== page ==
Epson Brightlink Pro 1410Wi Interactive Projector Review

Epson Brightlink Pro 1410Wi Appearance

In most conference rooms, board rooms, etc., the Brightlink Pro 1410Wi will end up mounted using its wall mount, and with the Control Box mounted near by in reach of users.  In some cases though, the projector might sit on a credenza, or any table next to the white board (rather than screen) wall. Perhaps in architecture, engineering, and some other environments, it may be desireable to use the Epson table top mount for the 1410wi to mount the projector facing straight down, or placing the projector and whiteboard on an angle, drafting style, as I used it.

This Epson projector comes in an off white finish.

The Brightlink Pro 1410Wi lacks the usual lens design in front, instead having the light exit the almost hidden lens, from the top back of the projector, as you can see in many of the projector images.  To clarify, the closest part of the projector might be 3 inches from the whiteboard or screen, but the light is being projected from about 15 inches further back, only a few inches from the back of the projector.  Next to the optics, is the sensor for the interactivity.

Epson Brightlink Pro 1410Wi Control Panel

Assuming you’ve set up the 1410Wi on a table (right side up), you’ll find the control panel on the top, at the back (furthest from your wall).

The control panel is pretty standard, and very Epson style.  As you can see here, there’s a Power button (Press once for on, twice for off), A Source Search button, and then comes all the usual navigation:  The Mneu button off and above, near the Source Search, the four navigation arrow keys are in a diamond configuration, with an Enter button in the middle. Moving from the Menu button past the Up arrow button, you’ll find the Esc button which navigates you back up one menu level at a time.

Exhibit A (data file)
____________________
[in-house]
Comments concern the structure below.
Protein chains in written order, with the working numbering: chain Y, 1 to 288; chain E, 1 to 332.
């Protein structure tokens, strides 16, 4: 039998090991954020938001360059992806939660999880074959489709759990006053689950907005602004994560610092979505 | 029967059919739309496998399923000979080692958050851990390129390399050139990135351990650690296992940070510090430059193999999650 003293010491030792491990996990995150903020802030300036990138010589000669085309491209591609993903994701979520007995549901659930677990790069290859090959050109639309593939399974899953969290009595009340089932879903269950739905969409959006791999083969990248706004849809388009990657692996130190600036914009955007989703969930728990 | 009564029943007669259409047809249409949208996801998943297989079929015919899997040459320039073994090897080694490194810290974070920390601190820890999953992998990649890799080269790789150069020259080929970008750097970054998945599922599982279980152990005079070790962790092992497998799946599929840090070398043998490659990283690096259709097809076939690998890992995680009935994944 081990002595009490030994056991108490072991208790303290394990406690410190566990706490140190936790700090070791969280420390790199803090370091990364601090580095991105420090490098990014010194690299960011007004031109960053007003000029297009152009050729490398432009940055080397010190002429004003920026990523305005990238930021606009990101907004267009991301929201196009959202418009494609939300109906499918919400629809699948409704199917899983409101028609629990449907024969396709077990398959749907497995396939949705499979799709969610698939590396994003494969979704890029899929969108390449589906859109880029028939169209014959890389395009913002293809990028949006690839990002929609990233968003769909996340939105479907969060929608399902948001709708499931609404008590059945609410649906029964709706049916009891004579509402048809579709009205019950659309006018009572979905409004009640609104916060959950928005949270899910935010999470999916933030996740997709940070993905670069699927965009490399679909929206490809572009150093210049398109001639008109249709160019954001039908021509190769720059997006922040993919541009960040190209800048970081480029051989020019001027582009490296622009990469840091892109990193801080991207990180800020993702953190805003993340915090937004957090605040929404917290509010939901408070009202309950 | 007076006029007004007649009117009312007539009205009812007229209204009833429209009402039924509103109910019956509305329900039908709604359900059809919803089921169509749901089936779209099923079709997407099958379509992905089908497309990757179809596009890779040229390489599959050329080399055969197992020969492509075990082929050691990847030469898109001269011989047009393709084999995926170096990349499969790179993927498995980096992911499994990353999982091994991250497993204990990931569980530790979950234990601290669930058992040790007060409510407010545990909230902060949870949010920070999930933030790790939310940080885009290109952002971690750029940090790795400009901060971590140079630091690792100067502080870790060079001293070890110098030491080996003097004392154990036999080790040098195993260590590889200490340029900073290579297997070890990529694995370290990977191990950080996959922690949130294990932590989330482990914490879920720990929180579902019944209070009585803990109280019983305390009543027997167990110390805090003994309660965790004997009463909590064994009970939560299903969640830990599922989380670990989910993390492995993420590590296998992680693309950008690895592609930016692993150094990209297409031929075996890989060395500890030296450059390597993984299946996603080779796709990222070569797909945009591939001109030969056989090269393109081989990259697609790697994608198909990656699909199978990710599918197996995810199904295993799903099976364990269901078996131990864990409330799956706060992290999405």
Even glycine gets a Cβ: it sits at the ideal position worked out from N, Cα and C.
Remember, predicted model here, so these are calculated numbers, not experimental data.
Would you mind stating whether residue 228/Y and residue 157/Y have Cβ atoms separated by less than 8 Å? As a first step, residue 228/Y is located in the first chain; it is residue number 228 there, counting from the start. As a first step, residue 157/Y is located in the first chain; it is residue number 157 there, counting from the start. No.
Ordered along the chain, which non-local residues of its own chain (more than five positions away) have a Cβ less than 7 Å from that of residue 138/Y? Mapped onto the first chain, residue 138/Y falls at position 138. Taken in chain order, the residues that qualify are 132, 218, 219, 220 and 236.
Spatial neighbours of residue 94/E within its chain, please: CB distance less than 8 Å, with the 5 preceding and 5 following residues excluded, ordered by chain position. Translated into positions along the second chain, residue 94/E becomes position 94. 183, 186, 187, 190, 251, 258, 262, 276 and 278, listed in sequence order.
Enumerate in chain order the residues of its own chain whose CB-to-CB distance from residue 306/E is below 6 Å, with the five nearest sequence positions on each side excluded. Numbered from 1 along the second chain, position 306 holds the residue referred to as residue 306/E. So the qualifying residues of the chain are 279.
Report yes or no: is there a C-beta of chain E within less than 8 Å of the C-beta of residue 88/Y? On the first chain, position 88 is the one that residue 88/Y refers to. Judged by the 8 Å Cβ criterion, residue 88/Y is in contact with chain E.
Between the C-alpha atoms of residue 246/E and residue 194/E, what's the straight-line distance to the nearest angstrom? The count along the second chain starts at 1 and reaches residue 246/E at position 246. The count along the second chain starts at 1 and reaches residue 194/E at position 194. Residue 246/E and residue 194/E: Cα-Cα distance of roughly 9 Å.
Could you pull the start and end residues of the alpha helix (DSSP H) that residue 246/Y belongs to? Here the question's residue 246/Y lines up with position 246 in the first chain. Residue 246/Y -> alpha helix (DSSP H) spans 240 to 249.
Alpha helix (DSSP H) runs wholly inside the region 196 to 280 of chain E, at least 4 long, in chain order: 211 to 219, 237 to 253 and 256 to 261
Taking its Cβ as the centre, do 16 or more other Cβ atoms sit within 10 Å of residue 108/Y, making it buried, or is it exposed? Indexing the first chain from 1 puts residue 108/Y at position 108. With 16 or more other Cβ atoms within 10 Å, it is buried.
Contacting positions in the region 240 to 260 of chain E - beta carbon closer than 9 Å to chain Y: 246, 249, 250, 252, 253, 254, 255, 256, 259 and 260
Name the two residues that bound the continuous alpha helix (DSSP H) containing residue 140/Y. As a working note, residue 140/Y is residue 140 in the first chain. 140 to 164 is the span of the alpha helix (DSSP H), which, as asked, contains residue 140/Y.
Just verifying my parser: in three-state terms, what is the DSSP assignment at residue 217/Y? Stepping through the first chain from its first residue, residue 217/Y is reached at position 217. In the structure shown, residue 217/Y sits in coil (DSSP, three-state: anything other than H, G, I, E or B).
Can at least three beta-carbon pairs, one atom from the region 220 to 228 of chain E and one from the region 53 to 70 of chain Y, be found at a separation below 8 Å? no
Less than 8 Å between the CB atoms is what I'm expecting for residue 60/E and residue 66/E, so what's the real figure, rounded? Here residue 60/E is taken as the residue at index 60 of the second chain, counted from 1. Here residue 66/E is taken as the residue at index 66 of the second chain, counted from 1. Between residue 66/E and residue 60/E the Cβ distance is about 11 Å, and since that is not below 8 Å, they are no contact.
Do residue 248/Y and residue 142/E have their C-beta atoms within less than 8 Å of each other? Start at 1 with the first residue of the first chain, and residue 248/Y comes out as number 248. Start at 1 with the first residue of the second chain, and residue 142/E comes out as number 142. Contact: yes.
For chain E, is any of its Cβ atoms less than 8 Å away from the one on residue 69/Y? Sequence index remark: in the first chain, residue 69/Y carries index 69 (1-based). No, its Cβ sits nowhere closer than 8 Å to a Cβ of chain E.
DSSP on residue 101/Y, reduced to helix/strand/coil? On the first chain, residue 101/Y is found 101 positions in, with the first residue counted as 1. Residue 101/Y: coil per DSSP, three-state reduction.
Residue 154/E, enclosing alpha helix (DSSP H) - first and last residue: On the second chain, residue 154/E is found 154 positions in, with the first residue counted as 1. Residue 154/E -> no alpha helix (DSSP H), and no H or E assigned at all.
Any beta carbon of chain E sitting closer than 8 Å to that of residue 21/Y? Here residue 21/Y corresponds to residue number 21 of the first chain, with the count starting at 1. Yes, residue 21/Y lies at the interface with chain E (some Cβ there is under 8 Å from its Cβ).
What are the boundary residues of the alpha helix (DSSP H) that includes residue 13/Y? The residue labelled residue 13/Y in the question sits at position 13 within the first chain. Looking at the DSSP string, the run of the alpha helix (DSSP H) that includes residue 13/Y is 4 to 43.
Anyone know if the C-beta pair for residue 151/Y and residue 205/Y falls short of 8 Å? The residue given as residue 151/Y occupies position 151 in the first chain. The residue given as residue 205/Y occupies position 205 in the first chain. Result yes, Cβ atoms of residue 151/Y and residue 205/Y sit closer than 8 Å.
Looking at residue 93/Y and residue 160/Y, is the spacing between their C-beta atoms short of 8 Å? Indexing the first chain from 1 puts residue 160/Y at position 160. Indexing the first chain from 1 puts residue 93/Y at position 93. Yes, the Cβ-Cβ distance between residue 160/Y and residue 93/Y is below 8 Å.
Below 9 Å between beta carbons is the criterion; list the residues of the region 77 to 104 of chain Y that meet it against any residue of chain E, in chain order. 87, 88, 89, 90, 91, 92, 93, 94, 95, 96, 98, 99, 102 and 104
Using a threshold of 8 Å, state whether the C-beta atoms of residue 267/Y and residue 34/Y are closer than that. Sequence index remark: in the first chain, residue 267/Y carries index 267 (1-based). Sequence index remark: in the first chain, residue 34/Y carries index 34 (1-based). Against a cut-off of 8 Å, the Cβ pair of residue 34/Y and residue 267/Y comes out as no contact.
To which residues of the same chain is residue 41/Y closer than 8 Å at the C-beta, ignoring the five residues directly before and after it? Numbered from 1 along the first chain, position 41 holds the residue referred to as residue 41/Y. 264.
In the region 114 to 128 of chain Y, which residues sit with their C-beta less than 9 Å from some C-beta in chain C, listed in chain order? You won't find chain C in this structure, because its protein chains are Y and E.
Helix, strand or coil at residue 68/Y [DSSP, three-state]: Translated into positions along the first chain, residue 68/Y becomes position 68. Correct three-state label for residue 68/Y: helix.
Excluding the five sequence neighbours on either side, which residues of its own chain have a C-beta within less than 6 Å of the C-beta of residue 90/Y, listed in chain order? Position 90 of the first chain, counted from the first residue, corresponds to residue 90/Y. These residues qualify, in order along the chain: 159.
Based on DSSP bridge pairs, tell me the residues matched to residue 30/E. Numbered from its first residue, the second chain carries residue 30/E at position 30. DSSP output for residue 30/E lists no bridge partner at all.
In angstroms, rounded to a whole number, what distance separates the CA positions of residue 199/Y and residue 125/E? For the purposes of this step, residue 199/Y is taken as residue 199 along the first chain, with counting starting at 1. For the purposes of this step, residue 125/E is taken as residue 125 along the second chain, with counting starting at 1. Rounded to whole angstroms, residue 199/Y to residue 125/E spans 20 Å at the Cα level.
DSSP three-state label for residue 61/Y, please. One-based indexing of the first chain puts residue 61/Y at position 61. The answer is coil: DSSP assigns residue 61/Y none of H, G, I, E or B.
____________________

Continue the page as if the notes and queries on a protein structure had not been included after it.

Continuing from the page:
There’s also Epson’s interactive Help which is handy and can solve some simple problems directly.  Epson’s had that for about a decade on their projectors, I just wish they’d expand the number of topics that can be handled interactively with the Help.  Still, they’ve got more Help available than the competition, which is usually to say no interactive help on almost any other projectors out there.

The four navigation arrow keys have a dual life.  When you aren’t in the menus, the up and down arrows offer you up and down keystone correction, while left and right arrow control digital zoom. Interestingly, the Epson will take you to image shift screen, for further adjustment if desired.  (The remote control will also work the Wide/Tele digital zoom, for  those of you with the projector mounted out of reach!

Just beyond the control panel is the lens, and the interactive sensor. The lens is encased inside and not accessible to the user. The sensor that is used for interaction is more exposed, since it is not part of encased lens area.

Epson 1410Wi Interface: Inputs and Outputs

Talk about loaded!  The projector itself is dripping in inputs and outputs, plus the Control Box adds to the overall capability.  Let’s start by looking at what the Brightlink Pro 1410Wi itself offers: